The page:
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Understanding the Irony of TMS

Discussion in 'Support Subforum' started by annarowens, Dec 12, 2015.

  1. annarowens

    annarowens Peer Supporter

    So... I just watched the video blog on not overworking the program. I am having a bit of a problem wrapping my head around how we are supposed to not be preoccupied with TMS, and at the same time "be disciplined" bc "our pain doesn't take a day off so neither can we" as stated in the Breaking the Pain Cycle essay. The not being preoccupied with working too hard at "fixing" TMS seems to be in direct contradiction to the idea that we must be disciplined with our keeping our minds off TMS. Its almost as if we are being asked to be disciplined in not being preoccupied, and in order to do that, we must not be preoccupied, which takes discipline. Its a circle that makes no sense to me. Its like which came first the chicken or the egg. Can someone please explain how we can be both disciplined to not be preoccupied with TMS and at the same time not be disciplined because discipline encourages preoccupation?

    Thanks!
    Anna
     
    IrishSceptic likes this.
  2. balto

    balto Beloved Grand Eagle

    Try to be discipline with not being occupied with tms.
    The goal is not fear your symptoms, not letting it affect how you live your life. Focus on having fun and enjoy life as if you're are healthy.
     
  3. Walt Oleksy

    Walt Oleksy Beloved Grand Eagle

    Hi, annaowens. I like Balto's reply to your dilemma. I think it's best not to spend much time thinking about any pain, but go on and find ways to enjoy the day. And to be positive that you are going to be free of pain soon. My mantra is; "The best is yet to come!"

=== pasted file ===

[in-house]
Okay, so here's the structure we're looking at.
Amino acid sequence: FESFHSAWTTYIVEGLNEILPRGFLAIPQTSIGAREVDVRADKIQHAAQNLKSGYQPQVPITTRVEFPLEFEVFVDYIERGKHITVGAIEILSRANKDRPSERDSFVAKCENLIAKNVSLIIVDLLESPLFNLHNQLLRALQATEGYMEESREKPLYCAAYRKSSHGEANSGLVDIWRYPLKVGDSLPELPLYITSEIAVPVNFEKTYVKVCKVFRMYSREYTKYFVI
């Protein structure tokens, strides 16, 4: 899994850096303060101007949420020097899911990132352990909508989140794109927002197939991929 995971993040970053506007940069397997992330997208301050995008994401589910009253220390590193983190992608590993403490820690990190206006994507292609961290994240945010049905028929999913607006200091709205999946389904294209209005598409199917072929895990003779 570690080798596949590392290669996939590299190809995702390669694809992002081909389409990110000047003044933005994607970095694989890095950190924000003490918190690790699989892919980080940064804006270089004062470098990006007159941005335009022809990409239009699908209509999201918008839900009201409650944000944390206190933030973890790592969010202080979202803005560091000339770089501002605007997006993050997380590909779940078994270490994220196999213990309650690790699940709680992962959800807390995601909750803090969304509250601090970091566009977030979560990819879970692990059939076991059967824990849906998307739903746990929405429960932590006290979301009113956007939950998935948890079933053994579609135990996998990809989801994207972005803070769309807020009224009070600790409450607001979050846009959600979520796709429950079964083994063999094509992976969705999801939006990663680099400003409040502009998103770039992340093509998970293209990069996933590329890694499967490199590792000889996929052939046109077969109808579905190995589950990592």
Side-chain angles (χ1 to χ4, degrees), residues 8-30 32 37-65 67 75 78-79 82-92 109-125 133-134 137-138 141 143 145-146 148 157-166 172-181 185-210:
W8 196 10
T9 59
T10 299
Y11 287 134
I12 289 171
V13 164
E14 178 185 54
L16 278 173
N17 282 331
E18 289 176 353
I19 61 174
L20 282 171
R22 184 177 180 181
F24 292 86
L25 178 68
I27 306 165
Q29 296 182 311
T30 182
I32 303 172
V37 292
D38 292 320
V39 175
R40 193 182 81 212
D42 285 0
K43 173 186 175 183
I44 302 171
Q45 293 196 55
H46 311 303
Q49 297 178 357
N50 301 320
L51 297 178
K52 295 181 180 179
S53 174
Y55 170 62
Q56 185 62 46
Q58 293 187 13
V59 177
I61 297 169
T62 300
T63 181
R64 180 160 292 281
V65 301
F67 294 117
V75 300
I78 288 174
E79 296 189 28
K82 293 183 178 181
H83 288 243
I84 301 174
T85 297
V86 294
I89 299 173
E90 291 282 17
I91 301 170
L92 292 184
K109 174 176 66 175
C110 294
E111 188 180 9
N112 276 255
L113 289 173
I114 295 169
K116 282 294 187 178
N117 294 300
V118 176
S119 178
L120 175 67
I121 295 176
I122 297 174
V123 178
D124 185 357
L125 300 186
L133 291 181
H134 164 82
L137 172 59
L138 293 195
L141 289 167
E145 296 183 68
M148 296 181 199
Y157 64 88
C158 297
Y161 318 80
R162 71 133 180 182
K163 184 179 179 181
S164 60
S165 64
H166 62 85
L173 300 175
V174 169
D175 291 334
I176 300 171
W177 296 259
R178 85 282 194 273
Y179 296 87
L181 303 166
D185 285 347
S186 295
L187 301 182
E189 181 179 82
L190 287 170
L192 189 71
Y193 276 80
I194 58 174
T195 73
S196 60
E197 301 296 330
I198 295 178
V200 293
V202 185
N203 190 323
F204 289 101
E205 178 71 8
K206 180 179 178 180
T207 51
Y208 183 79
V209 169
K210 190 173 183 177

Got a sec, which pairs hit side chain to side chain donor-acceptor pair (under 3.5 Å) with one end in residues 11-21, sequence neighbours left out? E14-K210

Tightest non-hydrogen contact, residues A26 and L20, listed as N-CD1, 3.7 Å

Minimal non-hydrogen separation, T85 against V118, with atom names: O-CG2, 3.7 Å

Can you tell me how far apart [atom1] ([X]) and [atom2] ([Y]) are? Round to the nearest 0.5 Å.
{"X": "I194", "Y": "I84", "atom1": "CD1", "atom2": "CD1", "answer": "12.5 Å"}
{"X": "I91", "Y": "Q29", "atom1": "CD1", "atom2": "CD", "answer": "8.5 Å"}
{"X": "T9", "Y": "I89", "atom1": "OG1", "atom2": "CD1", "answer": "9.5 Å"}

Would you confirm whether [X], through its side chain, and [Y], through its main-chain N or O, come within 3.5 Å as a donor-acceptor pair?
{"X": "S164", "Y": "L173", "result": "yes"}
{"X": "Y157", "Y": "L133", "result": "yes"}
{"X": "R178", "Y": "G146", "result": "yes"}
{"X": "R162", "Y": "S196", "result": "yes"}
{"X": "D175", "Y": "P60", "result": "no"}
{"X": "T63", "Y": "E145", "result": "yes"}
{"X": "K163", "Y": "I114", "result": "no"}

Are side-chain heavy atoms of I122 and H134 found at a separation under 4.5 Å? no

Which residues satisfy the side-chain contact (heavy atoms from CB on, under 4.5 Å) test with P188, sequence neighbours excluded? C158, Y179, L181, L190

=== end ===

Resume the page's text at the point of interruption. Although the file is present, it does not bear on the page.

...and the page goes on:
4. Andy Bayliss

    Andy Bayliss TMS Coach & Beloved Grand Eagle

    Can we watch our pre-occupation, and not get get caught in it?
    Can we notice our pre-occupation, and move our attention elsewhere?

    These are practices that take discipline. Steadfastness is another good word for this. Steadfast in sticking to our view, not getting pulled back into patterns that feed TMS, including trying to make it go away all the time.
     
  5. Ellen

    Ellen Beloved Grand Eagle

    Great responses above.

    I would just add that I think a need to see things one way or the other is part of the TMS personality. It's a tendency toward black or white thinking. But life is full of shades of gray and things kind of circling back upon themselves. Being able to be comfortable with that is part of the recovery process.

    Recovery requires a shift of our attention away from the body and our symptoms. Making this shift takes practice, discipline, and perseverance.
     
  6. Andy Bayliss

    Andy Bayliss TMS Coach & Beloved Grand Eagle

    This is a subtle, but important thing to keep in mind. All personalities want solid ground. The "TMS'er" seems to have a greater need for solid ground. So we are more "black and white" thinkers. I see myself as a One on the Enneagram. This "black or white" is the thinking of a One. Then you add the anxiety around stopping pain, and you really want solid ground!
     

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